The remainders components vary based on weather conditions, government restrictions related to the COVID pandemic, and many other factors.

air quality forecasting

In order to manage every issue after measuring and analyzing the problem, it is needed to model and to forecast what could happen in the future.

The below visualization is the result of a quick time series modeling and forecasting approach.

30 days pollutants concentrations in the future (starting from december 23) has been forecasted using 3 models:

  • seasonal arima model with non-zero mean;

  • neural network auto regressive model with 3 lagged level inputs and 2 lagged weekly inputs with 3 neurons in the hidden layer;

  • prophet model (a model introduced by Facebook in 2018) considering weekly seasonality and holiday effect.

The first two models generally agree on forecasts while prophet model tends to forecast higher concentrations and trend.

The resulting forecasts indicate that daily average concentration for:

  • nitrogen dioxide would increase according to prophet model but not reaching levels near to threshold while for other models would not increase;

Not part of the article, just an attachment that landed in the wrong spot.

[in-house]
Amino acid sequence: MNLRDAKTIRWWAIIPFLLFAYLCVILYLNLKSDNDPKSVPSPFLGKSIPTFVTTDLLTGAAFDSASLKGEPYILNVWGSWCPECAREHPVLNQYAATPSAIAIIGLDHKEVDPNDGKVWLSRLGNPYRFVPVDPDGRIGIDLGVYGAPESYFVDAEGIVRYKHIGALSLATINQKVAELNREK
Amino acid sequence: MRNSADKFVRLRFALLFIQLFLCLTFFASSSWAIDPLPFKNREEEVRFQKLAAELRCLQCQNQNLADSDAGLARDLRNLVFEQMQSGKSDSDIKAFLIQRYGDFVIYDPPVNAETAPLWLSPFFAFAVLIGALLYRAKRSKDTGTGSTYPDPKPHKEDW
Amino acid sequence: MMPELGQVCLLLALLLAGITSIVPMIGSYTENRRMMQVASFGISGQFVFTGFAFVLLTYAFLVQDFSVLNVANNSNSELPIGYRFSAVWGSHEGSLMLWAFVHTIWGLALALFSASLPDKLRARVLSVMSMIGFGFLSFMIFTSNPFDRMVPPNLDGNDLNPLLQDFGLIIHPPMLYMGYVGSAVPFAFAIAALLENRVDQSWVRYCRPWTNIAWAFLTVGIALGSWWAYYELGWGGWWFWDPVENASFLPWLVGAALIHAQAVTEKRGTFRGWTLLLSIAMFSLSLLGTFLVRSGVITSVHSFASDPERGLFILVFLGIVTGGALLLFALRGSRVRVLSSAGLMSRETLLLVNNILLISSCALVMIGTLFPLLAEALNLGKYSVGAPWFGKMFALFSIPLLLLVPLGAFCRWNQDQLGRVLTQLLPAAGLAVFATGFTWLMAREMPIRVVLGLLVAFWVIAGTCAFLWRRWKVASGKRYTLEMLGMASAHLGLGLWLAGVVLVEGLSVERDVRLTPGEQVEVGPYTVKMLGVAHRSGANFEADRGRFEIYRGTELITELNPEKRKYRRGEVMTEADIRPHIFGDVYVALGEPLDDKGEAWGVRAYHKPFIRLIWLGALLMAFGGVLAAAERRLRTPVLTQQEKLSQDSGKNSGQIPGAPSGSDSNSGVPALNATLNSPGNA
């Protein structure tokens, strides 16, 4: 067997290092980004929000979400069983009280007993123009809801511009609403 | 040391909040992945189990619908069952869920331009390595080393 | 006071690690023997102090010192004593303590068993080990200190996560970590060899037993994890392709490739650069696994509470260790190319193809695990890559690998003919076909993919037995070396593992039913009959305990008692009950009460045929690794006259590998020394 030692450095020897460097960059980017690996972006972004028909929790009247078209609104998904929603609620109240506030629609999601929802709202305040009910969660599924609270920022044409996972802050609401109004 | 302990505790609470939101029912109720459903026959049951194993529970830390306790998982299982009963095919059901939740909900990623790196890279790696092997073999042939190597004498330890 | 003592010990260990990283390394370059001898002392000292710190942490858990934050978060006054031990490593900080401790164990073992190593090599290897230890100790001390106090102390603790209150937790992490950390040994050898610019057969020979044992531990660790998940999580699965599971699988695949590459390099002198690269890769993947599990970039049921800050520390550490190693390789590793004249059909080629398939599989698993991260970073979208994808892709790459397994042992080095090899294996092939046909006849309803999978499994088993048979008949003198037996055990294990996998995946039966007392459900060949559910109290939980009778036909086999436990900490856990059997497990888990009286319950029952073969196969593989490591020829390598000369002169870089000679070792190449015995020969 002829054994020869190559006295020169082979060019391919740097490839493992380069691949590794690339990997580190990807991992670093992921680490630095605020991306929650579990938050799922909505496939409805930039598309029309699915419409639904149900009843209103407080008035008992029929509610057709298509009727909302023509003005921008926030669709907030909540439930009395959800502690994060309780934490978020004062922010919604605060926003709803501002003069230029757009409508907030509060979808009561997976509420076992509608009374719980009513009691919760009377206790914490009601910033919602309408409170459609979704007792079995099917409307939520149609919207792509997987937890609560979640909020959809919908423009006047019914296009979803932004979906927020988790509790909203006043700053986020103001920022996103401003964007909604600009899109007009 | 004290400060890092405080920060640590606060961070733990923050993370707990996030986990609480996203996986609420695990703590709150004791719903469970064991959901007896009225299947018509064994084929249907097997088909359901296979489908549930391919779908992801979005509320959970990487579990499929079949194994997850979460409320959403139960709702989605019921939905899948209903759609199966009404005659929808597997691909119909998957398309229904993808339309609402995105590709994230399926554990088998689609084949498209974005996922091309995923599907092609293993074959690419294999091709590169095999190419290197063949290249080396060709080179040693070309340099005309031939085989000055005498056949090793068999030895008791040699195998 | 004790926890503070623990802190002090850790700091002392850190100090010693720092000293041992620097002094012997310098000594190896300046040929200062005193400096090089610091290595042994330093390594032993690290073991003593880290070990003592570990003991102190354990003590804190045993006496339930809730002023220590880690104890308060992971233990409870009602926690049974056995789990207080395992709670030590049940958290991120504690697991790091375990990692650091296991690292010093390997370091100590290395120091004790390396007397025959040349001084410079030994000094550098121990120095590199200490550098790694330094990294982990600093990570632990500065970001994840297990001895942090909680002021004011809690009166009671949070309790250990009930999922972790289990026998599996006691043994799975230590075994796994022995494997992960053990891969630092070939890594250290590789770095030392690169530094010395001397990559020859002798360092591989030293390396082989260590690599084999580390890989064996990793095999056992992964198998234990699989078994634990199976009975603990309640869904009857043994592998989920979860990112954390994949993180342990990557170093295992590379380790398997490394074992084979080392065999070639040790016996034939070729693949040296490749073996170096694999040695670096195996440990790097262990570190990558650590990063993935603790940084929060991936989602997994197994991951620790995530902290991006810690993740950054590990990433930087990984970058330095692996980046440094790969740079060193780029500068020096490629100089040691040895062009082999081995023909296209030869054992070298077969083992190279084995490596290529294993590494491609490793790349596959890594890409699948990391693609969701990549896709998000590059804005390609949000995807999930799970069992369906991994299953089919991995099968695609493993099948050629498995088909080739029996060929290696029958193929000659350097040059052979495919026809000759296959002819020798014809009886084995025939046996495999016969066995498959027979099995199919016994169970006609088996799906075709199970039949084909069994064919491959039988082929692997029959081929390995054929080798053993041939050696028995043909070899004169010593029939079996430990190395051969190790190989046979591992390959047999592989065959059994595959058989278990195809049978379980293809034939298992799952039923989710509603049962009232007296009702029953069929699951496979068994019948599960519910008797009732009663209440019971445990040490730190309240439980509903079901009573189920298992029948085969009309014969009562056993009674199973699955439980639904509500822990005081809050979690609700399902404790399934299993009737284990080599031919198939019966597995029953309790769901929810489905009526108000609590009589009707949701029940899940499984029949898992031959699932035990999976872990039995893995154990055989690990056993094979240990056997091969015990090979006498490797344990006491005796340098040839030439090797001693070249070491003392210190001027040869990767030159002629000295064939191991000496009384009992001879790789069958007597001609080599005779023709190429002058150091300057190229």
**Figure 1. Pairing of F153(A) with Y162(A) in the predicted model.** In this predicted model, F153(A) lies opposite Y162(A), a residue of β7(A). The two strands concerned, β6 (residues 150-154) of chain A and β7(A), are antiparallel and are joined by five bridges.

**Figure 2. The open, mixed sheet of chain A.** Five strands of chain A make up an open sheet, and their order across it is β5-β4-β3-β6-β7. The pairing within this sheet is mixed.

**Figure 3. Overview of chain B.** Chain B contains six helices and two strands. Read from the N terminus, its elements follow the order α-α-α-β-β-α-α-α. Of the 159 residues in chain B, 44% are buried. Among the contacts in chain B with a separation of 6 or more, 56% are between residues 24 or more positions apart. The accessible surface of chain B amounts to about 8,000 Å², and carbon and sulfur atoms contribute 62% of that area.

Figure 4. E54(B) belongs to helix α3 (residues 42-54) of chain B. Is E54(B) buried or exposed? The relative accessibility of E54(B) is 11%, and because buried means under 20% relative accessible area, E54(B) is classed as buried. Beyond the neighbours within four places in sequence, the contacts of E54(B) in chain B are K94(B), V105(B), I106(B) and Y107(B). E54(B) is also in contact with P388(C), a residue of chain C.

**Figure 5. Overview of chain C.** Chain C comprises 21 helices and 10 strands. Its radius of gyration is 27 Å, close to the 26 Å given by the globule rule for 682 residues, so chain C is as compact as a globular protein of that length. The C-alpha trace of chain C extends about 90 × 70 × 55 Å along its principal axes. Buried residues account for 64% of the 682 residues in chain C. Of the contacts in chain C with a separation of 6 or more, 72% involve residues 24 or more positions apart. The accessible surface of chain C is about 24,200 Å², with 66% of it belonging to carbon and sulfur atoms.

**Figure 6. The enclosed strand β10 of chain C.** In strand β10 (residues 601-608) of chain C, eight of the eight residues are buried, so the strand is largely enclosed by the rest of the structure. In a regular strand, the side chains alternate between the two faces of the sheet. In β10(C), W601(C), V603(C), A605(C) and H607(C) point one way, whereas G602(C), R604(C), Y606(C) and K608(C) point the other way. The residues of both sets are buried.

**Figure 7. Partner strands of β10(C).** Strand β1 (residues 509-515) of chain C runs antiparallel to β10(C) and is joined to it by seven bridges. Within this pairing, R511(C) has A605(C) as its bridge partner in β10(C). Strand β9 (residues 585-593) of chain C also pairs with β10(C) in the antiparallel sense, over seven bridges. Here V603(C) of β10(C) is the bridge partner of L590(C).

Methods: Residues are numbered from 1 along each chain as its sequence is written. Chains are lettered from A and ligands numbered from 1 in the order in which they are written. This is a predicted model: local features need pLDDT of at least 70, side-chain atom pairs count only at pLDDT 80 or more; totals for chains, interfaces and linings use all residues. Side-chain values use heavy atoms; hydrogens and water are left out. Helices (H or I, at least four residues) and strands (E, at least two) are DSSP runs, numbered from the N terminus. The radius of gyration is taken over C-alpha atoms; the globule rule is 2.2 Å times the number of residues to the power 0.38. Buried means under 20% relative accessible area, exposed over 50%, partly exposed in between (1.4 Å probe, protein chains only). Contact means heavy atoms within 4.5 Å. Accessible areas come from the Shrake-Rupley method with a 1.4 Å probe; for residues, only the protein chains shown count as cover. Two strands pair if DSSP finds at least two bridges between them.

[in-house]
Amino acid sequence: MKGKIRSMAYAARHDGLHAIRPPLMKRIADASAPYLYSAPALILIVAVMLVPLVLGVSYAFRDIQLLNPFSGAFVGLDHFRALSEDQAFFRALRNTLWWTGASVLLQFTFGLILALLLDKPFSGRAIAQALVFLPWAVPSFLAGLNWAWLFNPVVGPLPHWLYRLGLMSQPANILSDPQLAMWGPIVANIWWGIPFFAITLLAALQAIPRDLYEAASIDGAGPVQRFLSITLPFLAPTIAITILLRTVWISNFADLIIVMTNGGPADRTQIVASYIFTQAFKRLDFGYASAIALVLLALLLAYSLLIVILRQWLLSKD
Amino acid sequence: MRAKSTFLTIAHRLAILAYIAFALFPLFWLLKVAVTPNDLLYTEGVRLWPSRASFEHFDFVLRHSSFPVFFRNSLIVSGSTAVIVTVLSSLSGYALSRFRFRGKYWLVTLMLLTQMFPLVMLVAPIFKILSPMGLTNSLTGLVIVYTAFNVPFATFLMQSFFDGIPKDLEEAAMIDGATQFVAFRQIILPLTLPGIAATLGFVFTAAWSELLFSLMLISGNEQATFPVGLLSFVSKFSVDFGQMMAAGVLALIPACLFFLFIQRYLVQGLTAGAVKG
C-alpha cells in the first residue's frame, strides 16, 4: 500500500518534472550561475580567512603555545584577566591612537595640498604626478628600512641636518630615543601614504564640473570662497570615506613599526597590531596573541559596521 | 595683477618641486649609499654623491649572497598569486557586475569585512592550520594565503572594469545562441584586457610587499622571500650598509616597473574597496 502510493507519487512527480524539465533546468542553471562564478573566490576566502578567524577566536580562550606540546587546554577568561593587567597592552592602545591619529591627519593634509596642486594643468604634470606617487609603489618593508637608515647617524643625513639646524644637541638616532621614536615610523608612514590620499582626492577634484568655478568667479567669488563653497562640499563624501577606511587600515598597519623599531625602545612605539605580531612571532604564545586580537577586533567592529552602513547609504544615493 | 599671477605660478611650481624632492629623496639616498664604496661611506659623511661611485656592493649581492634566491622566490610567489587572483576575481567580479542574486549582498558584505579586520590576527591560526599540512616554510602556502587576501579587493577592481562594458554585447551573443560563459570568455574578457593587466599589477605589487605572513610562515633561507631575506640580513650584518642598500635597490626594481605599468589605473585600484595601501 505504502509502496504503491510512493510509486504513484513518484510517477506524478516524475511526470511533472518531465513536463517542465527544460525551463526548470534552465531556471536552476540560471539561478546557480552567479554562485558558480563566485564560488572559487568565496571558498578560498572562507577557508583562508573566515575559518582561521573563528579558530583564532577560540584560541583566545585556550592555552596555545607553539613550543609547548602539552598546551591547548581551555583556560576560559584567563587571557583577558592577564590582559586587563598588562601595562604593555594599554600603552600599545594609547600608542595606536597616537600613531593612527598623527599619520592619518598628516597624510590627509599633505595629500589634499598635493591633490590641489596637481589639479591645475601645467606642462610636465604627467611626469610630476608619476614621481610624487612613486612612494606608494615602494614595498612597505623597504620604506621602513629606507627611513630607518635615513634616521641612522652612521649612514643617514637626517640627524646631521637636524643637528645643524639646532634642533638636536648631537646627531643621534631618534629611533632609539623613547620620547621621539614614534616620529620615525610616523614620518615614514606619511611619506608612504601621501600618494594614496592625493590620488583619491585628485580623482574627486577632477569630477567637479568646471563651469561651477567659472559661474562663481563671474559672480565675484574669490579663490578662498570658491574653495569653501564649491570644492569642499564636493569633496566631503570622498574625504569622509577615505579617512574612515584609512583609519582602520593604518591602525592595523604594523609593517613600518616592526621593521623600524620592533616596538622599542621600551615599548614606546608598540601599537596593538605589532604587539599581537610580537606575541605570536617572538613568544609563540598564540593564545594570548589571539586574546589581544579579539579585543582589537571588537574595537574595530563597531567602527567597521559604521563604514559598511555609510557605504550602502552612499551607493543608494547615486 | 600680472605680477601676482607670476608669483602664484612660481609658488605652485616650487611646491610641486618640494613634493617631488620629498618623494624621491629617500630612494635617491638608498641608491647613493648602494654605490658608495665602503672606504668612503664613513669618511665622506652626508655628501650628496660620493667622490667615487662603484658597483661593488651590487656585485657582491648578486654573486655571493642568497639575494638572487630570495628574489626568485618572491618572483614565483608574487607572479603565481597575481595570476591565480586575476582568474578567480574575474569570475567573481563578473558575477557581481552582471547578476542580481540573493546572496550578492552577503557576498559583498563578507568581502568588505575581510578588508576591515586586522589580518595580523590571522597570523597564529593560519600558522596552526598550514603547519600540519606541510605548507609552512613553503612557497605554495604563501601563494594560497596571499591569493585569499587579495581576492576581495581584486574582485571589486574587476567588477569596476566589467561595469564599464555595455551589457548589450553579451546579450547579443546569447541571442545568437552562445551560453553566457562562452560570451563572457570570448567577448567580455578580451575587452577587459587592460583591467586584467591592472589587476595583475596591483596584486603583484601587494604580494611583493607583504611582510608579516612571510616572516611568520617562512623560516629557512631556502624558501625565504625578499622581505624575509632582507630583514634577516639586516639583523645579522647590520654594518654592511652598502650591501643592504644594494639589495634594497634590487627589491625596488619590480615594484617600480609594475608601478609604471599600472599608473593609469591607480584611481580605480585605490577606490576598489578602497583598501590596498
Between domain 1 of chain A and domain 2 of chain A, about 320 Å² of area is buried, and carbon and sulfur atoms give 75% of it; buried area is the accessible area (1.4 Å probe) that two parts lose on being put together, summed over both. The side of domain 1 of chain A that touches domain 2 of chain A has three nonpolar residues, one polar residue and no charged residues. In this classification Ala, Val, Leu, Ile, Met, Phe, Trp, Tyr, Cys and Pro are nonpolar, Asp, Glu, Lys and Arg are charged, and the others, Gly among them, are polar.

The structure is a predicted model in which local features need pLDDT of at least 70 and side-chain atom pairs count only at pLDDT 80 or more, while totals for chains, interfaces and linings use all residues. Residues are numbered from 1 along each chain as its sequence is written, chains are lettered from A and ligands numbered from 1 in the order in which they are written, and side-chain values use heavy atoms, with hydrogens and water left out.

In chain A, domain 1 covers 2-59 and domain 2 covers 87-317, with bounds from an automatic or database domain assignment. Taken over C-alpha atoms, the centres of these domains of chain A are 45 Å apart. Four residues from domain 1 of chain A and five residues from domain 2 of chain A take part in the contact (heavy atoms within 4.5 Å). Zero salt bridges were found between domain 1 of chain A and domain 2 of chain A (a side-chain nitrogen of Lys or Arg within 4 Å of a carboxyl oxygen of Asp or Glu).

• carbon monoxide would increase only for prophet model, neural network model forecasts decrease of concentration;

  • ozone would remain almost stable even if neural network model shows a level leap before stabilizing;

  • particulate matter would remain almost stable but above their respective thresholds;

  • sulfur dioxide would remain stable and under the thresholds for all the models.

final warnings

The analysis in this post raises some warnings:

  • since measuring is the first step of the management chain of issues (measure>analyze>model>predict>optimize>manage), the scarcity (or lack of transparency) of measures in particular for particulate matter pollutant is concerning;

  • pollutant concentration values are defined on averages, but max pollutant concentrations can be way above these limits. In other words even if people in Italy breathed good quality air on average during last autumn they could have experienced very bad air quality;

  • as autumn season advances nitrogen dioxide , carbon monoxide and particulate matter concentrations worsened;

  • forecasts above indicate to be careful in winter: air quality could getting worse in particular for particulate matter pollutant (at least according to the prophet’s model).

Conducting this brief analysis has been enlightening for the author: it increased his personal awareness of the environmental issues.

The author hopes this post will raise also the reader’s awareness of environmental issues.

Feel free to email me if you would like to go deeper in the analysis, thanks for reading!

The analysis shown in this post have been executed using R as main computation tool together with its gorgeous ecosystem (tidyverse included). In particular time series analysis relied on fable package, the data has been retrieved using ropenaq package.